Germaine Franco researched tirelessly to write the score for Disney Animation Studios’ Encanto. She tells Screen about the rich tapestry of Colombian music and culture that she drew on for inspiration.

Germaine Franco in an 'Encanto' recording session

Source: Mark Von Holden / Disney

Germaine Franco in an ‘Encanto’ recording session

Growing up in El Paso, Texas, on the US side of the southern border, Germaine Franco crossed into Mexico every week with her family to shop, go out to eat, and listen to music played by musicians peppering the streets of Ciudad Juarez.

“That was my first influence,” says the composer, who is Oscar-nominated for the first time in her 30-year career for scoring Disney Animation Studios’ Encanto, the story of Mirabel, a Colombian girl struggling to find her place in a big family as the only member without magical powers. Franco makes history as not only the first Latina, but the first woman of colour to be Oscar-nominated for an original score.

“I had a brother and two sisters, and we used to listen to music, and we had a piano that I started tinkling on when I was young,” recalls Franco. “We weren’t a musical family, but we were always encouraged to do creative things.”

Franco began taking lessons and joined her school band, where she fell in love with the drums. “I just got completely obsessed with [drumming],” she says. “My parents kept asking me, ‘Can’t you play the flute or the violin? The clarinet?’ And I said, ‘No, I’m playing the drums.’”

In addition to her many credits, such as Pixar’s Coco (for additional music, working alongside composer Michael Giacchino), Dora And The Lost City Of Gold, Little and animated TV series The Casagrandes, it is percussion that made Franco the perfect composer to score Encanto. In it she collaborates with the film’s songwriter and lyricist, Tony winner Lin-Manuel Miranda, whose ‘Dos Oruguitas’ sees his second original song Oscar nomination. The bold and energetic music of Encanto is full of rhythms that bring to life the philosophies and artistry of Colombian literature and music that Franco dedicated herself to in building the film’s score, especially as it pertains to magical realism.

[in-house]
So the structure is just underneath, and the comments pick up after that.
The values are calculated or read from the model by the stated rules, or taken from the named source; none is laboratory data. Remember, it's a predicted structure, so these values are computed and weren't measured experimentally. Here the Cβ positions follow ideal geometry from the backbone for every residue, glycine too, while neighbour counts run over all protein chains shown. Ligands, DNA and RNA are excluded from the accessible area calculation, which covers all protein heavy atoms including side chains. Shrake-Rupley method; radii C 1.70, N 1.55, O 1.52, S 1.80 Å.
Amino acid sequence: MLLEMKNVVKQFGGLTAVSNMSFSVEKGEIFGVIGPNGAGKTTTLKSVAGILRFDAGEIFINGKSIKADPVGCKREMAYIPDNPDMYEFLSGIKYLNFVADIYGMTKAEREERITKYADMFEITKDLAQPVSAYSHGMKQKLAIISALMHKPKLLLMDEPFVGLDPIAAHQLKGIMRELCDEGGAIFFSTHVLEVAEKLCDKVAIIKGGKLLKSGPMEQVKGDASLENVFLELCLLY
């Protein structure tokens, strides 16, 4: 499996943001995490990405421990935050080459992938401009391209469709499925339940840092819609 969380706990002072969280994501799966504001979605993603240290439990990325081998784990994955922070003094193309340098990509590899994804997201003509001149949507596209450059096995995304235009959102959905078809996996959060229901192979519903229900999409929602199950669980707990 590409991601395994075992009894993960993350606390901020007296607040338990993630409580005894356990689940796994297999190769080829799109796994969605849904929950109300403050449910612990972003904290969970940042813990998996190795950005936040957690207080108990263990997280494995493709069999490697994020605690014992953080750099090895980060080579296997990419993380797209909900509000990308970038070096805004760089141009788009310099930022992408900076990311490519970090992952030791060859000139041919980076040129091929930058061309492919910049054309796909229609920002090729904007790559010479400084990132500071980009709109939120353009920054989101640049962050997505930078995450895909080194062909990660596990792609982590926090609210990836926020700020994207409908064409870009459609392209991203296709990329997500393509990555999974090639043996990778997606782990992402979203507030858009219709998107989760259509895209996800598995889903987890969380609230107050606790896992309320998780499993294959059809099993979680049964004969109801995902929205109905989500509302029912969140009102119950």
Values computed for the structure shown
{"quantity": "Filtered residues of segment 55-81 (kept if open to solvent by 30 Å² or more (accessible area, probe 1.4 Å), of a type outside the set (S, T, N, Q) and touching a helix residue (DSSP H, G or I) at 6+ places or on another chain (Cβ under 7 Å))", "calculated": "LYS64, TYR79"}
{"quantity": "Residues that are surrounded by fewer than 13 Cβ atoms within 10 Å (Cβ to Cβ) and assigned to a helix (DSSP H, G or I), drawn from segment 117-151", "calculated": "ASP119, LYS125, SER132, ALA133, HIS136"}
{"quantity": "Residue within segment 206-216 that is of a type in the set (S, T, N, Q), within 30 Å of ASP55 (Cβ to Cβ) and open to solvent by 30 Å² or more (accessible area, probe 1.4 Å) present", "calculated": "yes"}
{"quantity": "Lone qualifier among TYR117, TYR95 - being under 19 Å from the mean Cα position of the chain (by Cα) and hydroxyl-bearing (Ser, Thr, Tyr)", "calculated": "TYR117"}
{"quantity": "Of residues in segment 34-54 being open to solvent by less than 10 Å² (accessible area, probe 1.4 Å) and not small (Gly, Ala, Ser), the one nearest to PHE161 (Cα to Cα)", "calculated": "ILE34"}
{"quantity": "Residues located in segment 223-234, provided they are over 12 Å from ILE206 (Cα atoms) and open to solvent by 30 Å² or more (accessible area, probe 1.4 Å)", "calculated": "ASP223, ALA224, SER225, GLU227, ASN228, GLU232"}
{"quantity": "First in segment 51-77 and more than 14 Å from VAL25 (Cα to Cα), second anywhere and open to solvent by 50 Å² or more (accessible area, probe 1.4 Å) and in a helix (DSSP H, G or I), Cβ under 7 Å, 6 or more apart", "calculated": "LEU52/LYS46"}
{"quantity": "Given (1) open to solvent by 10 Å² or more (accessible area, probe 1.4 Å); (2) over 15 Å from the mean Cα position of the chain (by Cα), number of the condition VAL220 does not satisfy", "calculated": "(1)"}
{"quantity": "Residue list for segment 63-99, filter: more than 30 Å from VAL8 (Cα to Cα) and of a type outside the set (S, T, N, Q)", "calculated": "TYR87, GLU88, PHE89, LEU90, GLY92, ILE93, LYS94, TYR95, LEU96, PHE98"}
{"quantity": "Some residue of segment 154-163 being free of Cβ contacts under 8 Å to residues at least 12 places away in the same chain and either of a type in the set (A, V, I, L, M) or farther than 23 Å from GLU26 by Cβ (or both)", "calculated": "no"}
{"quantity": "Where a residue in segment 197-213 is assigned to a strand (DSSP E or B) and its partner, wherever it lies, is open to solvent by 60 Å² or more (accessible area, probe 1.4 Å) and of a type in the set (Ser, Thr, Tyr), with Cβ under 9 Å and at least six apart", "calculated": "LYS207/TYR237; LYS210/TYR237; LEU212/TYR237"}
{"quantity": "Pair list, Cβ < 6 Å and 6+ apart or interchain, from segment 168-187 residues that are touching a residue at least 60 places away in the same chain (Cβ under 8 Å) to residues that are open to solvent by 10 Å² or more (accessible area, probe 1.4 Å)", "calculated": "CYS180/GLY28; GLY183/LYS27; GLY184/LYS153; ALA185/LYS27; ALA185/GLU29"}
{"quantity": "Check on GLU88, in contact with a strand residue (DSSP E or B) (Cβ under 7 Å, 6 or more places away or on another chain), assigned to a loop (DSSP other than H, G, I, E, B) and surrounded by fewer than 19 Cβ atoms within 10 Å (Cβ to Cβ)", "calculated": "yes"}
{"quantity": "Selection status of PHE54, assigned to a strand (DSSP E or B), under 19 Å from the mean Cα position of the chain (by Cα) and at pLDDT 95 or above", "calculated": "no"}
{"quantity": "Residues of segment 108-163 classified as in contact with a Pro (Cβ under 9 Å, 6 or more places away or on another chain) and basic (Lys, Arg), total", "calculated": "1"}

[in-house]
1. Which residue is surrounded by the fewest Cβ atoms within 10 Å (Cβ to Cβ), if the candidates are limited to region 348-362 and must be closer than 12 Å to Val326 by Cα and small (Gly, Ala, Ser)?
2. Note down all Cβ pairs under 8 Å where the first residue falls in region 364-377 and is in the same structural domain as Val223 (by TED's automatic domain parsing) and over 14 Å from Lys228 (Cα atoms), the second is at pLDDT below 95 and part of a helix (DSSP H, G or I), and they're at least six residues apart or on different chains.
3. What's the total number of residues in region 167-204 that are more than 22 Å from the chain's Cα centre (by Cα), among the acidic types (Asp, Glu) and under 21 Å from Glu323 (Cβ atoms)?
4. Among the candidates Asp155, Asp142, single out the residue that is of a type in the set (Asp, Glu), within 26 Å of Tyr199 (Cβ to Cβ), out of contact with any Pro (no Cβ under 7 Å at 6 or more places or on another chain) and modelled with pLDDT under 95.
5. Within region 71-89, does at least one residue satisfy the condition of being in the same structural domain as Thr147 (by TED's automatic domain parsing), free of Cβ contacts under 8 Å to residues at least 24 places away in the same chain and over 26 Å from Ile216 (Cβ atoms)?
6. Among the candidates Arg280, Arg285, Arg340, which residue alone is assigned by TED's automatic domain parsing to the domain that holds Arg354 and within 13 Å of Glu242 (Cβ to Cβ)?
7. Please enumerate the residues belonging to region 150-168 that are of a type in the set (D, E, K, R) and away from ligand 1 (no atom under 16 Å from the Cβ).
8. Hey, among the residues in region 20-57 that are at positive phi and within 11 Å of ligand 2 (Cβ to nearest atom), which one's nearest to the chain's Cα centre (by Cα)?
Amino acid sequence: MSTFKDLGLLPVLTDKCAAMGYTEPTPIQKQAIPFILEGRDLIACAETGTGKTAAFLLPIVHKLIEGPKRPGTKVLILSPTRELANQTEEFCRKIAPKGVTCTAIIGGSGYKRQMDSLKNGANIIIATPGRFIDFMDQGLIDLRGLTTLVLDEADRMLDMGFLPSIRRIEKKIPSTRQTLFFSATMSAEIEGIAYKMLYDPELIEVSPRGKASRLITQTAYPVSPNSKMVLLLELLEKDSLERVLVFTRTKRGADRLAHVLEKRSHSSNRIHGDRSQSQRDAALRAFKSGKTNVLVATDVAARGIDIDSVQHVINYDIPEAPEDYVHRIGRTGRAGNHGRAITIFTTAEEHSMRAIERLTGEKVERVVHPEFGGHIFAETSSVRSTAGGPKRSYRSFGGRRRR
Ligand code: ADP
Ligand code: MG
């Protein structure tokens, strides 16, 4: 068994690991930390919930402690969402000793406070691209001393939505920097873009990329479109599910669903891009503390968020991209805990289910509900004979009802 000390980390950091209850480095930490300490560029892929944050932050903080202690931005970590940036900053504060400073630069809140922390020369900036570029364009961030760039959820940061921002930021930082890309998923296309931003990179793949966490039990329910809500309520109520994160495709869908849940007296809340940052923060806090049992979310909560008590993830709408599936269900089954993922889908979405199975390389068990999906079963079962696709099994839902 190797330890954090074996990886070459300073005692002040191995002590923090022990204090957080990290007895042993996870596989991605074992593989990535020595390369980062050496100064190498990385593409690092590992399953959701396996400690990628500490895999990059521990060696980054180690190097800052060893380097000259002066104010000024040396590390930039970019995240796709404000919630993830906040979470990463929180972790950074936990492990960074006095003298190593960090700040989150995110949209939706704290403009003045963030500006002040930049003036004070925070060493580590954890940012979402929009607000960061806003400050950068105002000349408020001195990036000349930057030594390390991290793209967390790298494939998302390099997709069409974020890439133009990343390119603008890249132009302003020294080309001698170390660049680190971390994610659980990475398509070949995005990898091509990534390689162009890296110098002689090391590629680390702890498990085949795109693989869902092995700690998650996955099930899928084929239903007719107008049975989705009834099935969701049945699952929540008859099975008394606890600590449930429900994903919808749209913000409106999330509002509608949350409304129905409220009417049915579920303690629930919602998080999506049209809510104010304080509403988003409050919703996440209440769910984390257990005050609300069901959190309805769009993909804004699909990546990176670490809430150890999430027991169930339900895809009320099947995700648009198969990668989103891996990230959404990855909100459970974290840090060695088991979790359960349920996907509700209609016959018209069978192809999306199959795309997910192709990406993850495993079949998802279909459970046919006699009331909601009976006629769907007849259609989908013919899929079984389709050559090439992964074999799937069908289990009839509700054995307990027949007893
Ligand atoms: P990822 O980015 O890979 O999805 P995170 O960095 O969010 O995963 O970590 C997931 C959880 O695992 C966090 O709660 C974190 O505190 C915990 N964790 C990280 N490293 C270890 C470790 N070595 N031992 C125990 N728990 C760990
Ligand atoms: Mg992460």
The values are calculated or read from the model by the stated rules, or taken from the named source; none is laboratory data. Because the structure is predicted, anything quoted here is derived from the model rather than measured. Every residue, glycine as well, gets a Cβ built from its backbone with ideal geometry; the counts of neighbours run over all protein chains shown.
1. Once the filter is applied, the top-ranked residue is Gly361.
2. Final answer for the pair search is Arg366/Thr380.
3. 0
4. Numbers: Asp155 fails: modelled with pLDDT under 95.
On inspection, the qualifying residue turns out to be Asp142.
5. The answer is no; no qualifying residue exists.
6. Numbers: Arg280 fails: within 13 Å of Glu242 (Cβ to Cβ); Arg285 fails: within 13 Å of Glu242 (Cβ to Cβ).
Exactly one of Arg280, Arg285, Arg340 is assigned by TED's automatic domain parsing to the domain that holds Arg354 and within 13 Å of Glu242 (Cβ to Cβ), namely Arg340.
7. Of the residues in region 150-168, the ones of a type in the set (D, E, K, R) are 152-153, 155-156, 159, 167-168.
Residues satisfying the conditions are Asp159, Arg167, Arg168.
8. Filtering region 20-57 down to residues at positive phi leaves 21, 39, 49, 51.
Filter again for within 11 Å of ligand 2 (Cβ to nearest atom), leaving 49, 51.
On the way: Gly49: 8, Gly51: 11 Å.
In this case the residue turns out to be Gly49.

“I got my Gabriel Garcia Marquez and Isabel Allende and read them in Spanish,” says Franco. “I got tons of books on Colombian history and listened [to its music], watched videos, documentaries from Indigenous [Colombians] all the way from the 1500s to now.”

The film’s writer/director Jared Bush, director Byron Howard and co-director/writer Charise Castro Smith gave Franco the guidelines: infuse the score with traditional Colombian beats; stay away from typical “Hollywood Disney” composition; and get more intimate, more complicated and less romantic. But otherwise, they left Franco to her own devices.

Franco continued her research and began to formulate Encanto’s musical themes. She incorporated bambuco, a traditional Colombian rhythm similar to the European waltz. She bought a Colombian harp and marimba from the South American country and had them shipped to her home in Los Angeles. “I wanted to use the traditional instruments so you could hear the textures [of Colombia],” she explains.

But how do you incorporate magical realism — a literary genre and technique that incorporates fantasy, dreams or surrealism — into music? “I didn’t have any examples of it,” says Franco. “It was more like I had to use my personal view of [magical realism] and interpret that into my score. It was very subjective. But I came up with the theme and then I started applying brush strokes. There’s a lot of tremolos, where the guitarists are kind of tickling the guitars; you put some reverb on it and it feels really spacious.”